The current US awkward positions regarding these dilemmas all hinge on the fact that the U.S. is aligning with an aggressive Japan (eager to revise its Pacifist Constitution and strengthening more its military power) against a hypothetic enemy, China. Therefore, the U.S. and Japan established a Mutual Defense Treaty, under which Japan was eagerly building her military on the pretense of self-defense and defending the U.S. In fact, such treaty’s initial intention is for the U.S. to help defend Japan from the encroaching communism. No American can believe that such treaty is necessary today since Japan has developed the strongest Navy in Asia once again. China with her successful economic reform and her independence from Russia is the least belligerent or threatening nation in Asia compared to Russia and Japan. Perhaps, Americans should entertain an alternate scenario: What if the U.S. is wrong to assume the hypothetic enemy to be China. A U.S. - China Mutual Defense Treaty may be more beneficial to the security of the U.S. and world peace, if the enemy is another aggressive nation or international terrorism. When Japan’s economy was the envy of the world, Liuqiu citizens might have had false hope that they would be benefitted from Japan’s economy, but it did not happen. Now that China has overtaken Japan to become a much larger economy with successful policies to trade with the whole world, not surprisingly some Liuqiu citizens, intellectuals especially, will reminisce the peaceful and prosperous days when Liuqiu was a suzerain State of China. Similarly, the people in Taiwan will recognize the benefit of reuniting with motherland China.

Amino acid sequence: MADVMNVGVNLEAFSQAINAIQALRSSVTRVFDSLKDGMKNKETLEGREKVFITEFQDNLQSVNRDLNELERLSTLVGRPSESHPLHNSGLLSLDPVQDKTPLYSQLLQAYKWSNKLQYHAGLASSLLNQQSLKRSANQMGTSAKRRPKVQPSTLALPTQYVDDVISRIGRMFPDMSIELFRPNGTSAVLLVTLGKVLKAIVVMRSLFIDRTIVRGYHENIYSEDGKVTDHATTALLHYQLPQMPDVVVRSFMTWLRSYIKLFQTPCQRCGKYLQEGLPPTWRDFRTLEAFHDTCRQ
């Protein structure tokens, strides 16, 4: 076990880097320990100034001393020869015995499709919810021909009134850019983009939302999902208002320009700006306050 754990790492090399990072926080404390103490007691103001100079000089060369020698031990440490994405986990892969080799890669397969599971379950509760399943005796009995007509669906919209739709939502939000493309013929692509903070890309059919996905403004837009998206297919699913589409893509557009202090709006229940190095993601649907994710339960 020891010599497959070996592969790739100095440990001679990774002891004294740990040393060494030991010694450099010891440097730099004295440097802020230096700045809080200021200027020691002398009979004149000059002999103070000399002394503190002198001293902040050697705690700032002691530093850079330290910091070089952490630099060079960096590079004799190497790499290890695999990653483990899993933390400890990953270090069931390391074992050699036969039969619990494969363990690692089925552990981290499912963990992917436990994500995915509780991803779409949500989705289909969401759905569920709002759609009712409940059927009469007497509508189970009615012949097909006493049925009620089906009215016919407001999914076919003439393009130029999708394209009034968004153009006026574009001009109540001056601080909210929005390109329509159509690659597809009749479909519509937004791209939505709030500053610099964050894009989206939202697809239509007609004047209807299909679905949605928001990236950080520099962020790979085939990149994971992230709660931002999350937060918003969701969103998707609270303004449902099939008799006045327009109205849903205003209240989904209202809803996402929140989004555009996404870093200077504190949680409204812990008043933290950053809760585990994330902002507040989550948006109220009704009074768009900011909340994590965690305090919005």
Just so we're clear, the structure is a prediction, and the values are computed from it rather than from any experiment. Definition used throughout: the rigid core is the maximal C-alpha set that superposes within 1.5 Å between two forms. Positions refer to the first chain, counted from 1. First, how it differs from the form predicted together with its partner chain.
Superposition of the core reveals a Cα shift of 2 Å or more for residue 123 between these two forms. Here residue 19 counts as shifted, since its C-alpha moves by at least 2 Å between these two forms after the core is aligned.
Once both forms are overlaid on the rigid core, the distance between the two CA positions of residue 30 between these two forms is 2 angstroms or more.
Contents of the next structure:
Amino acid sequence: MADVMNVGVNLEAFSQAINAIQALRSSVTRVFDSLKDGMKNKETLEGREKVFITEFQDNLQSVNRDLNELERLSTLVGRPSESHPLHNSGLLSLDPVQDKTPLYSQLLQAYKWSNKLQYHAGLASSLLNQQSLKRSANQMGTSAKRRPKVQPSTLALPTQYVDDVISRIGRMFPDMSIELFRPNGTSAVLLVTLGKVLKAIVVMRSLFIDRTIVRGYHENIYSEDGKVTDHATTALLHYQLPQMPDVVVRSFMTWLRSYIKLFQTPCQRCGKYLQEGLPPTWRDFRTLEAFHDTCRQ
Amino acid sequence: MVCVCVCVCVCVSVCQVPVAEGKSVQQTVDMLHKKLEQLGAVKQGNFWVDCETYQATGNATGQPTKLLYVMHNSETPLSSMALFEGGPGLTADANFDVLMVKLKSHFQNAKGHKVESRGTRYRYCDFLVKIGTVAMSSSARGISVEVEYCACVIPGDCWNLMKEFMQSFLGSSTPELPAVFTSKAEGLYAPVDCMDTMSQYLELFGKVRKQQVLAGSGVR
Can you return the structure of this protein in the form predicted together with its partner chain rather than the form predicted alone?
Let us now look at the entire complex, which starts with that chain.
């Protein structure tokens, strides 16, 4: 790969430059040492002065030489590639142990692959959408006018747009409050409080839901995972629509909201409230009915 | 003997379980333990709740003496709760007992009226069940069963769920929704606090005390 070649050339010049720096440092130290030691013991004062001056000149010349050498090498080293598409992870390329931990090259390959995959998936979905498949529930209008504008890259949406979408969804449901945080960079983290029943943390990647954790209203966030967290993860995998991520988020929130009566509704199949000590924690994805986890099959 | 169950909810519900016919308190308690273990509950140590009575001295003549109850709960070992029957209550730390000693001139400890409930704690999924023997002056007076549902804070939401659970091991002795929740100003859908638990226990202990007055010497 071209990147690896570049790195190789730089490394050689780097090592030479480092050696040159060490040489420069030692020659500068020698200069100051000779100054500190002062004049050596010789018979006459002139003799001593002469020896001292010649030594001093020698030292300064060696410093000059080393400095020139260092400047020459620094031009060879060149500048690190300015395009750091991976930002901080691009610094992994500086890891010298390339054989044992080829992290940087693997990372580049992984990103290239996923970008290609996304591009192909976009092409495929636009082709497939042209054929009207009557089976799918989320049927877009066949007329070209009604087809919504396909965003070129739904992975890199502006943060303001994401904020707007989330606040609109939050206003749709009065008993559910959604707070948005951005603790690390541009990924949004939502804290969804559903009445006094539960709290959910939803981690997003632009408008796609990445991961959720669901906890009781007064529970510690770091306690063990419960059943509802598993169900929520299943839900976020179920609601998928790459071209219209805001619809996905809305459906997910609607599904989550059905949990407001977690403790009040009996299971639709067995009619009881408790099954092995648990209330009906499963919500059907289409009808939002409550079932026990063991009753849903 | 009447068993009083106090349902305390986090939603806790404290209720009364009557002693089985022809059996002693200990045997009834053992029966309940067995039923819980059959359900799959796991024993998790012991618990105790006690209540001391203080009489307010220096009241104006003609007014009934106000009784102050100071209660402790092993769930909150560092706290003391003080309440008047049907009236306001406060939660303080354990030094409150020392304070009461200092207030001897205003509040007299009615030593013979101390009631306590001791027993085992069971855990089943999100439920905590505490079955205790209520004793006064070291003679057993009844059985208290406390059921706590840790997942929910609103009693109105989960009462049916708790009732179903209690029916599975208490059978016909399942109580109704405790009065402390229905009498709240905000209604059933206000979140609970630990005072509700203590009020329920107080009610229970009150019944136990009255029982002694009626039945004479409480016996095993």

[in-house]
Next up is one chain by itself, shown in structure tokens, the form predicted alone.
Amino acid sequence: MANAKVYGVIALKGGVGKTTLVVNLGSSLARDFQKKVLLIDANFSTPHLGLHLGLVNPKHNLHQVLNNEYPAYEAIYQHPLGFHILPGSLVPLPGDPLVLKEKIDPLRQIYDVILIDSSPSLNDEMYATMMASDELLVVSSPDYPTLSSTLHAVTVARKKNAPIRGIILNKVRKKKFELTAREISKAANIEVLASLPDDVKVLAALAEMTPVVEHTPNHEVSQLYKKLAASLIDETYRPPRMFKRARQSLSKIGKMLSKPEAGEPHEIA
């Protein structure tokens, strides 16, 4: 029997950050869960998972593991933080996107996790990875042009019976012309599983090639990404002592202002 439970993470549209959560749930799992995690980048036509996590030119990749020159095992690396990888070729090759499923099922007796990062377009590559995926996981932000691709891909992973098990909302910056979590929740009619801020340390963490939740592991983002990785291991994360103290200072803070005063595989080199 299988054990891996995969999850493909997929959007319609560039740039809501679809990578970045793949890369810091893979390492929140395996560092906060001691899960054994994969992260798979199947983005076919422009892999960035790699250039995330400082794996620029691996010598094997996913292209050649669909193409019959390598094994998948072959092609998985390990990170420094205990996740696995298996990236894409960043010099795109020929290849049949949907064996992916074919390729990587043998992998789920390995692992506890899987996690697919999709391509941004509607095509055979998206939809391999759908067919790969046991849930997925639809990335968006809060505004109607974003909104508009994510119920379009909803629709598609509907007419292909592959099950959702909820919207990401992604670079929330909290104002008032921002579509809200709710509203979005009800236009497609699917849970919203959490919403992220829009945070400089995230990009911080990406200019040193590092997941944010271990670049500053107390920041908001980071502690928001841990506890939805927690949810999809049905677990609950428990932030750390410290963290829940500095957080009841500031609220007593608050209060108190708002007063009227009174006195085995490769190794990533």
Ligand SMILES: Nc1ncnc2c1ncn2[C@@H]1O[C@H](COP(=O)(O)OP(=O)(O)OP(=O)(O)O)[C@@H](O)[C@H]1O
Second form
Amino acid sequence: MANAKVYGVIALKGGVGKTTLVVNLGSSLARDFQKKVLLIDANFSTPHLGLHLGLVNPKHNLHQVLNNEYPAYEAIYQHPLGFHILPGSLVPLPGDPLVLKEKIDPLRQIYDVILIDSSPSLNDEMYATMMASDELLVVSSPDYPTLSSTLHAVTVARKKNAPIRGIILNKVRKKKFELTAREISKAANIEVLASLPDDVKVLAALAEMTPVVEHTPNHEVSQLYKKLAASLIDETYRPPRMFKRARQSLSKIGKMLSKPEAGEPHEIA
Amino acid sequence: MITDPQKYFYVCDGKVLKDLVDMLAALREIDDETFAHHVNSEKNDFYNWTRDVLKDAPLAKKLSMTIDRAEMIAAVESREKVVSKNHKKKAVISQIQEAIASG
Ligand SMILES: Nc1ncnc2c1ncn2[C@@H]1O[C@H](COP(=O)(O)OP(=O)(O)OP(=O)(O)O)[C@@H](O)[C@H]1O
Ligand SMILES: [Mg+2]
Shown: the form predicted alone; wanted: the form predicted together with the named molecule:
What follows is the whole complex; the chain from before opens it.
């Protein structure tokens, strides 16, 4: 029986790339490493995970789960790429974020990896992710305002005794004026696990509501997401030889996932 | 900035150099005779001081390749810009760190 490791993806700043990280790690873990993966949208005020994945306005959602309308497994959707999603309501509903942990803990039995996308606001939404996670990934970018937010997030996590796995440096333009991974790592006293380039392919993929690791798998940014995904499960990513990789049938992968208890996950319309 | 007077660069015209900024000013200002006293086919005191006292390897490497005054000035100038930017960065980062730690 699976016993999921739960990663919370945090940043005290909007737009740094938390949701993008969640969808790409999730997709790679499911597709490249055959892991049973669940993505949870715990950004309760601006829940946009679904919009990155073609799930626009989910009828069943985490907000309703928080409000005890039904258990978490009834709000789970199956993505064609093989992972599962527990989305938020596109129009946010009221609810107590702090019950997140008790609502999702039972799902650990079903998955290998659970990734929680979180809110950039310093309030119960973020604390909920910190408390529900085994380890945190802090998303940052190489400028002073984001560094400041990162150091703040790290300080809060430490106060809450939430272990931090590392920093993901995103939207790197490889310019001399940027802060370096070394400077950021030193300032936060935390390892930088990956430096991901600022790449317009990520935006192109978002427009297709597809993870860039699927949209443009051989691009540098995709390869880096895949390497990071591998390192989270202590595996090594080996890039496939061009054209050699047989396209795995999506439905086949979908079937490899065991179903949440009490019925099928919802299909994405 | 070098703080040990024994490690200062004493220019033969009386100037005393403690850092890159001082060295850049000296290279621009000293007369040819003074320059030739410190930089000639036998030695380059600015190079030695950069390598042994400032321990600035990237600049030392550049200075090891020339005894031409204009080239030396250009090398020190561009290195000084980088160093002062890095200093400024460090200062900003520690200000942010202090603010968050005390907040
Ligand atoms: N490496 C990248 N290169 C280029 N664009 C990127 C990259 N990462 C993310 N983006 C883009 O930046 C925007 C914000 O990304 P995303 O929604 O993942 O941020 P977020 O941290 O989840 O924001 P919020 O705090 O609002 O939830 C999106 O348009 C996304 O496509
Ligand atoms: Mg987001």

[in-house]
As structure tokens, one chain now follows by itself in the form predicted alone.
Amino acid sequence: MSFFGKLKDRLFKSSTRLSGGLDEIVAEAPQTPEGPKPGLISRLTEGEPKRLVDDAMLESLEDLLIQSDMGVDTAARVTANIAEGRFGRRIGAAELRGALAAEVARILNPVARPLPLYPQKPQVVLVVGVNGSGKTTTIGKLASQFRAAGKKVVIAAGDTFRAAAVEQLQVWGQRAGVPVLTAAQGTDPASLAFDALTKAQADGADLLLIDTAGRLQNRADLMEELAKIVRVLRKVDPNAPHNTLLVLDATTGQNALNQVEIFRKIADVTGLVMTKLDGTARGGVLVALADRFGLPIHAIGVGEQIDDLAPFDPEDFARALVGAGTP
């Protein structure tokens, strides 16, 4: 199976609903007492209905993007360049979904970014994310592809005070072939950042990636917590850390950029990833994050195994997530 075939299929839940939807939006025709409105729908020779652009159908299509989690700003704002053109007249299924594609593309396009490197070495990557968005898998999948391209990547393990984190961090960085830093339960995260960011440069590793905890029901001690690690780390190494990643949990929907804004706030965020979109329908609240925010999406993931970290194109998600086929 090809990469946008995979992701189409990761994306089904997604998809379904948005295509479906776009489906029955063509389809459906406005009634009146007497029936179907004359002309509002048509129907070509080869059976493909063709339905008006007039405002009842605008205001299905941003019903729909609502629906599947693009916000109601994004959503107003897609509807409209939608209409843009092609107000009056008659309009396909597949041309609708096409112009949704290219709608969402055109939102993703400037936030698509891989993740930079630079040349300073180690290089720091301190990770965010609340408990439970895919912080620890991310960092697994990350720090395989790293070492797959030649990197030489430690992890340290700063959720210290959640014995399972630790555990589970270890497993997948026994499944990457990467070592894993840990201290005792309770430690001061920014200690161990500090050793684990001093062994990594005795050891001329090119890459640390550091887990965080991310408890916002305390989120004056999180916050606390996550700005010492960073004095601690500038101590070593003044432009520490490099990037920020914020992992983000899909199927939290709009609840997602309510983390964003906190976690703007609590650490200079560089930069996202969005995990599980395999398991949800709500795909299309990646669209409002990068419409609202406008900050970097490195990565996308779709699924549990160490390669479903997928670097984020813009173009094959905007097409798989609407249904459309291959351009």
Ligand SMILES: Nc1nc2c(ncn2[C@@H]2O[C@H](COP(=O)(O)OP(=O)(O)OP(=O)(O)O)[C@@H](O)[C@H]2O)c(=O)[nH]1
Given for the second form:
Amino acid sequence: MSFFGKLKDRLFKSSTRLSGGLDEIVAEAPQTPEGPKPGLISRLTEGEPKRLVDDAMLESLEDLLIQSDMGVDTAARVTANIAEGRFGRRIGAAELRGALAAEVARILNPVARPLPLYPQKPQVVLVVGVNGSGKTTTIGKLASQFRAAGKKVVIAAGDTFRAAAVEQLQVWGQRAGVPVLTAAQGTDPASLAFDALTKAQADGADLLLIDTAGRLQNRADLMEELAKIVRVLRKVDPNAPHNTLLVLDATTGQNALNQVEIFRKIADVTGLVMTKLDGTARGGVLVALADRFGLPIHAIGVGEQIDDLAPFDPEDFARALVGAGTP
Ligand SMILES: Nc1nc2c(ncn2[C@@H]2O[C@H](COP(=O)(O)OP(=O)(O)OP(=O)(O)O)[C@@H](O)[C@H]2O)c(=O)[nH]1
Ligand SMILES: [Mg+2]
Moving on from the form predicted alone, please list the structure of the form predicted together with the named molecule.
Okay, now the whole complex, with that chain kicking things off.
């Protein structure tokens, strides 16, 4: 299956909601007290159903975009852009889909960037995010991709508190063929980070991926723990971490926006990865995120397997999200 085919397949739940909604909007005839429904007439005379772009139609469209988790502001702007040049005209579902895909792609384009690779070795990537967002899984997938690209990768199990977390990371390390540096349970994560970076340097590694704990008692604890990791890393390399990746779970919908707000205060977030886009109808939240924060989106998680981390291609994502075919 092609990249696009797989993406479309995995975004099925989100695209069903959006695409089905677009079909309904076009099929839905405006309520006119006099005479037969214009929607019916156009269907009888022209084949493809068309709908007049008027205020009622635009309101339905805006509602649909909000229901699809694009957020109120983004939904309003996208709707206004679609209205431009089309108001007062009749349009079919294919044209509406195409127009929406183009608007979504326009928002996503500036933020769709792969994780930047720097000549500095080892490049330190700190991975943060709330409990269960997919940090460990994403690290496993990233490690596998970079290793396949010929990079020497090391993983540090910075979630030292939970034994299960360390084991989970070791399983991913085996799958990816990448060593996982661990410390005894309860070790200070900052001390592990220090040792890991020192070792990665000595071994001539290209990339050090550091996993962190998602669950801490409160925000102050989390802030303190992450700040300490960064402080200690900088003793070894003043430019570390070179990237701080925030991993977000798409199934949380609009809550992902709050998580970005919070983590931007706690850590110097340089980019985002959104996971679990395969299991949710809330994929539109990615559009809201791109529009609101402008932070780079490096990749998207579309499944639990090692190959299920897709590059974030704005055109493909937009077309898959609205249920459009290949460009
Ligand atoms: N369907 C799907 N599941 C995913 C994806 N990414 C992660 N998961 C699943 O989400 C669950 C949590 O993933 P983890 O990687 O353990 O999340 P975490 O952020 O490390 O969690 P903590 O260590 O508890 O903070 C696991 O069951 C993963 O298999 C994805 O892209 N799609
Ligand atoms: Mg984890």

The above historical account and analysis should lead Americans to think outside of the box to revise the US foreign policy, especially her China policy to solve the three dilemmas with rational solutions.
Ifay Chang. Ph.D. Producer/Host, Community Education - Scrammble Game Show, Weekly TV Columnist, www.us-chinaforum.org . Trustee, Somers Central School District.